My Grey’s Anatomy Moment

In honor of the 80 or so people I know that are having a worse January this year than I was having last year.

I have years of experience with doctors. I’ve been seeing them since I was a kid. And it’s been my experience that doctors, though amazing people, are generally speaking, not hot. I’ve never met a Doctor McSteamy, or McDreamy or whatever else you want to call them.

Apparently they’re all working out of one hospital in Seattle that doesn’t exist.

I’ve never been upset that I haven’t met a hot doctor because I’ve never gone to a doctor when I’m at my most beautiful or sexiest or wittiest or charmingest. For some reason I’m reluctant to encounter physical perfection when I’m so far from it my tongue might be growing moss.

All of this changed when I had a stent put in to relieve the intense pain from a kidney stone. The pain started on a Wednesday and by Thursday night I couldn’t take it anymore. I hadn’t eaten, hadn’t showered, hadn’t washed my face in two days and was in my pajamas with un-brushed hair. I spent a Thursday night and all Friday braless and on morphine in the hospital.

Friday night I went in for surgery (Praise the Lord). The nurses were wonderful, very comforting and encouraging and then one of them says “Your surgeon’s a really great guy, and he’s hot too.”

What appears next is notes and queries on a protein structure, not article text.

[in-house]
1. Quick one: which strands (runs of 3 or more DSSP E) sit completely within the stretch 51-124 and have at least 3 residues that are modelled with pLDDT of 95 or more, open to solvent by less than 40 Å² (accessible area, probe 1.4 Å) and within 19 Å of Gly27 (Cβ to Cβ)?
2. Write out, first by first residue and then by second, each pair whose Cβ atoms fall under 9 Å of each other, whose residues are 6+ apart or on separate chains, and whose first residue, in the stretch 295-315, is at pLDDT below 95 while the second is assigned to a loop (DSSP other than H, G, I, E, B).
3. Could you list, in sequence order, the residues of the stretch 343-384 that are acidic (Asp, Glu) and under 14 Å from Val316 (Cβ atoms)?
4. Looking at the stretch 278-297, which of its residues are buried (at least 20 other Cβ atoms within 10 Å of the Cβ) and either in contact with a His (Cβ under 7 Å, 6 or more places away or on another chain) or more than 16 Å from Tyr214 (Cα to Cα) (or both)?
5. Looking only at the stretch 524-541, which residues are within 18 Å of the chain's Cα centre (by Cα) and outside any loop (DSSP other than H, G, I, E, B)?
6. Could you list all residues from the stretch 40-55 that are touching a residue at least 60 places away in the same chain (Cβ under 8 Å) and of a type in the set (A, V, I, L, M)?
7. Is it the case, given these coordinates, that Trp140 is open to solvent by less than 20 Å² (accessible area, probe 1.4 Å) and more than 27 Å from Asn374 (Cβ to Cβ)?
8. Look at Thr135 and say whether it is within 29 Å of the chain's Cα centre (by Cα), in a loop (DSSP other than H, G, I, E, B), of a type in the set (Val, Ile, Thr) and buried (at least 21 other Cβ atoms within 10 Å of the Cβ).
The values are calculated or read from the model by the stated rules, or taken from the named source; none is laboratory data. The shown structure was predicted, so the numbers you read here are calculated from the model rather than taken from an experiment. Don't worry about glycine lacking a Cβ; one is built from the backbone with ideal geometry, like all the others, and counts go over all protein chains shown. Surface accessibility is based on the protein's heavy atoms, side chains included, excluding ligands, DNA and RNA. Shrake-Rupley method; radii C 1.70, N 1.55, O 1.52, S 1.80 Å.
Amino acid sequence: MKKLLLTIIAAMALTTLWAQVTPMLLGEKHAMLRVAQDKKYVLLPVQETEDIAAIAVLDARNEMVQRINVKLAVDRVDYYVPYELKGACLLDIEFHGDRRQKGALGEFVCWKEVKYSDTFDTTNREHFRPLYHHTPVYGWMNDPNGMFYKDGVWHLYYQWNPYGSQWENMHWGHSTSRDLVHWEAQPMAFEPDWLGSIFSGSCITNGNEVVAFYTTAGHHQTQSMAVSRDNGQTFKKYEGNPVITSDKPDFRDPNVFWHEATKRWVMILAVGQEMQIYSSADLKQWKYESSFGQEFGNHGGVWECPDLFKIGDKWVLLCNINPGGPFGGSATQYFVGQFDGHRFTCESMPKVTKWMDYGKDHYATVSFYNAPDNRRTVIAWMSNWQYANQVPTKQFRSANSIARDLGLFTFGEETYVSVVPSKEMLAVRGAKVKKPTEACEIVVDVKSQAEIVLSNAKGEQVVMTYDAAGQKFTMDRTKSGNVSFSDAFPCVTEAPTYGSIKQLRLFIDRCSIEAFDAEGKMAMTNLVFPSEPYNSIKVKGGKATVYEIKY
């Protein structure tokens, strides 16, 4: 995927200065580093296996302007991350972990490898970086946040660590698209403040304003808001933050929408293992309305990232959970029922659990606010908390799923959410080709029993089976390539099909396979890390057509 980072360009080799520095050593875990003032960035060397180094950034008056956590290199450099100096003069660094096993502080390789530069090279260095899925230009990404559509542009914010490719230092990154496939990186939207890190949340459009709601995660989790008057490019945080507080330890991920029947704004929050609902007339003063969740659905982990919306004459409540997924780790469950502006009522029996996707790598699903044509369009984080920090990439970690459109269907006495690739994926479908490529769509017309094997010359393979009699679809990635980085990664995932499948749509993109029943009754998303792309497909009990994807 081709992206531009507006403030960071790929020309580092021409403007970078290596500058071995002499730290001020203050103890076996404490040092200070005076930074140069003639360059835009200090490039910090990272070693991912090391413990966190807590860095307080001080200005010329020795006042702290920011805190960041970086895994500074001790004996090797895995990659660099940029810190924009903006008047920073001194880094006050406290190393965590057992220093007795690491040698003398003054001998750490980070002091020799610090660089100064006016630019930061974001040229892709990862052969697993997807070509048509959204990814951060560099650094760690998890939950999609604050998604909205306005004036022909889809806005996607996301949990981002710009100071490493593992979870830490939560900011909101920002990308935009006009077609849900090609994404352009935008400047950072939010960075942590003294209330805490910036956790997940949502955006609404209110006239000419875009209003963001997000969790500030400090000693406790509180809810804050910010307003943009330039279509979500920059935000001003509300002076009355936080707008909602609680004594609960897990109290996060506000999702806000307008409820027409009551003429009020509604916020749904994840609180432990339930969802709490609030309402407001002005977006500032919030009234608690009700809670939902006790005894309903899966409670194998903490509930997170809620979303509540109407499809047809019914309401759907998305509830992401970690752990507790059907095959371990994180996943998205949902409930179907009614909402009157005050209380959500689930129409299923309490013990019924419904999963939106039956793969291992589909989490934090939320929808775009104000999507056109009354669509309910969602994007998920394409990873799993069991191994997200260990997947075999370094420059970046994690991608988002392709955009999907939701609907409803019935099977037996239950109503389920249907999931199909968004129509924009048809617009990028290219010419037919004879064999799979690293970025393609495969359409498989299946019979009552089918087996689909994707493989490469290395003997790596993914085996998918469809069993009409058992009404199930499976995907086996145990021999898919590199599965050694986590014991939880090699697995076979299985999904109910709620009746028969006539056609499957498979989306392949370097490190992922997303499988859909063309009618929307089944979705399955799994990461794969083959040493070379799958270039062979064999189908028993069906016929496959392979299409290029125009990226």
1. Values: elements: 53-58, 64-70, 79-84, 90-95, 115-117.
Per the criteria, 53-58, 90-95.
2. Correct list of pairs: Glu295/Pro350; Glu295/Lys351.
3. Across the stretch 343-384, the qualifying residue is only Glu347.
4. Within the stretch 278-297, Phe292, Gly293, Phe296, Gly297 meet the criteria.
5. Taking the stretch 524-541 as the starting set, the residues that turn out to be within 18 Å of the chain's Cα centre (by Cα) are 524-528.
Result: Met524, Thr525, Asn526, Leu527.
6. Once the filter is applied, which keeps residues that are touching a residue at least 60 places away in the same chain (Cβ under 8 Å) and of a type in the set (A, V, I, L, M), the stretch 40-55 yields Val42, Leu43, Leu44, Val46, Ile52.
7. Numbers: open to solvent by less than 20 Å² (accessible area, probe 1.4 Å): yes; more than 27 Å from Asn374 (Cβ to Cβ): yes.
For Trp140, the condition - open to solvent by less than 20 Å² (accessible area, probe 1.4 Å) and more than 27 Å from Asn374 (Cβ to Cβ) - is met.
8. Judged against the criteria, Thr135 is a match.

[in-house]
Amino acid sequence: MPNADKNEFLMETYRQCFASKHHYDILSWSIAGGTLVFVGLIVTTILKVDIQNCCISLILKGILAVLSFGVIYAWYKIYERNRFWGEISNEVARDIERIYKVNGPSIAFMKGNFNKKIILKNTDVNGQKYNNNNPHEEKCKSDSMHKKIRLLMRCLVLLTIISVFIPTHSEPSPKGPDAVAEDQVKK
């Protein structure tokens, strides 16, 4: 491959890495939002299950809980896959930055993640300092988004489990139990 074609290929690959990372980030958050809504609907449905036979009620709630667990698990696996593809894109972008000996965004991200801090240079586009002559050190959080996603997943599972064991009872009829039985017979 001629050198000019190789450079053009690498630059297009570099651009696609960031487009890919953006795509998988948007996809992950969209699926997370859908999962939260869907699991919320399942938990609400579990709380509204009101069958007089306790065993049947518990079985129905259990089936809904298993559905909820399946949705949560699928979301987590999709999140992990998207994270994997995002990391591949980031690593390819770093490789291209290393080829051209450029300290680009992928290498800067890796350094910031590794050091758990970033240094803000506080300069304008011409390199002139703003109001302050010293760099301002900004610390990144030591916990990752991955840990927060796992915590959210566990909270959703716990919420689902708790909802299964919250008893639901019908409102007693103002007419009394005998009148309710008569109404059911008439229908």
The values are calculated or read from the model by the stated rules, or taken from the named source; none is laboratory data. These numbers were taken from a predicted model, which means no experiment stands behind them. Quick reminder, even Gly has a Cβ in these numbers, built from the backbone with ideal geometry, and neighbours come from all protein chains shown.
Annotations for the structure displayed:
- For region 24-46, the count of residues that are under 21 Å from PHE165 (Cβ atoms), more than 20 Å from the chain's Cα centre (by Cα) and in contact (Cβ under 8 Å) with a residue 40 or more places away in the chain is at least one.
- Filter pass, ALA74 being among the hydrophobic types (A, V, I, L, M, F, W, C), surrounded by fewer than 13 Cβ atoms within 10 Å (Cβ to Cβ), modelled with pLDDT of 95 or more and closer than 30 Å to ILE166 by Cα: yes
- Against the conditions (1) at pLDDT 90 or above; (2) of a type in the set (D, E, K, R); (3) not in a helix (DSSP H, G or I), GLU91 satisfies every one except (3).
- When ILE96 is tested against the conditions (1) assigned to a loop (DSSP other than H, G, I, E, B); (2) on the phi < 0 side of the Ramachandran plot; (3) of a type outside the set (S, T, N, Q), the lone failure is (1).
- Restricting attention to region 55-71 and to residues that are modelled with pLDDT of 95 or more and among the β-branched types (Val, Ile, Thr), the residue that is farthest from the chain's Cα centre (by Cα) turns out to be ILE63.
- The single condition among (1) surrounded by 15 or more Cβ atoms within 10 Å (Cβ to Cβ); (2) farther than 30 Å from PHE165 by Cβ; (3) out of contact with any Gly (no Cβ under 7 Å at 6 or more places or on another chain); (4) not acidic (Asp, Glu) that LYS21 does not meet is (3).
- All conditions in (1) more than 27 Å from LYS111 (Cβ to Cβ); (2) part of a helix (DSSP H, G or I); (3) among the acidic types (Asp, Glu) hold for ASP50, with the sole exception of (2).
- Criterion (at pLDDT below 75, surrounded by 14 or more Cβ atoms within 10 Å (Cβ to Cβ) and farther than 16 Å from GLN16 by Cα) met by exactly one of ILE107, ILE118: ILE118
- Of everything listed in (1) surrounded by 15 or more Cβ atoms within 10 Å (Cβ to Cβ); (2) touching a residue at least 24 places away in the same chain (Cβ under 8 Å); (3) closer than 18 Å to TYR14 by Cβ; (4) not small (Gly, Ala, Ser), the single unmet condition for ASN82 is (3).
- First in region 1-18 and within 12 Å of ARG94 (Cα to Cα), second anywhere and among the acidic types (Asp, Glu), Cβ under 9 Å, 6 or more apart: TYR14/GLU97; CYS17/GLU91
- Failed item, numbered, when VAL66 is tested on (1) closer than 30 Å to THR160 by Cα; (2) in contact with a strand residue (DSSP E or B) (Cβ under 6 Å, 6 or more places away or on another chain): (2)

Of course he is. He’s about to insert a stent into my urethra, why wouldn’t he be the hot doctor?

And the thing is she said this like it would make my surgical experience better. Like I’d be happier knowing a hot doctor was going to go near my nether region while I was unconscious.

And then she told me to take off my underwear. Which was also great because sitting around on a slab covered in a flimsy sheet and wearing hospital socks, having not shaved my legs since last summer doesn’t make me feel vulnerable and exposed at all.

Here’s the thing about morphine and me. When I’m taking large doses of pain killer my perspective shifts. I guess that’s typical, and it’s probably also how some people get hooked. After all, not feeling much of anything is a surprisingly great feeling.

Here’s what it looked like for me: While I had that normal inward acknowledgement that this was all mortifying and unsettling – and could joke around accordingly – the rest of me was thinking “ugh, can we just move on to the surgery already?”

Sadly, hopped up on drugs and in intense pain means I don’t really care about the looks of the physician. So while I did check for a wedding band, and did note he resembled some famous actor or other (because come on, I’m not dead), I was more attracted to the anesthesiologist who promised me that if I woke up during surgery I could punch him in the face.

Clearly morphine does alter your perspective and your personality a bit, but in my case it was a weirdly positive change. There you have it. Drugs make me appreciate substance over style.

Crap. I forgot to check the anesthesiologist for a wedding band.

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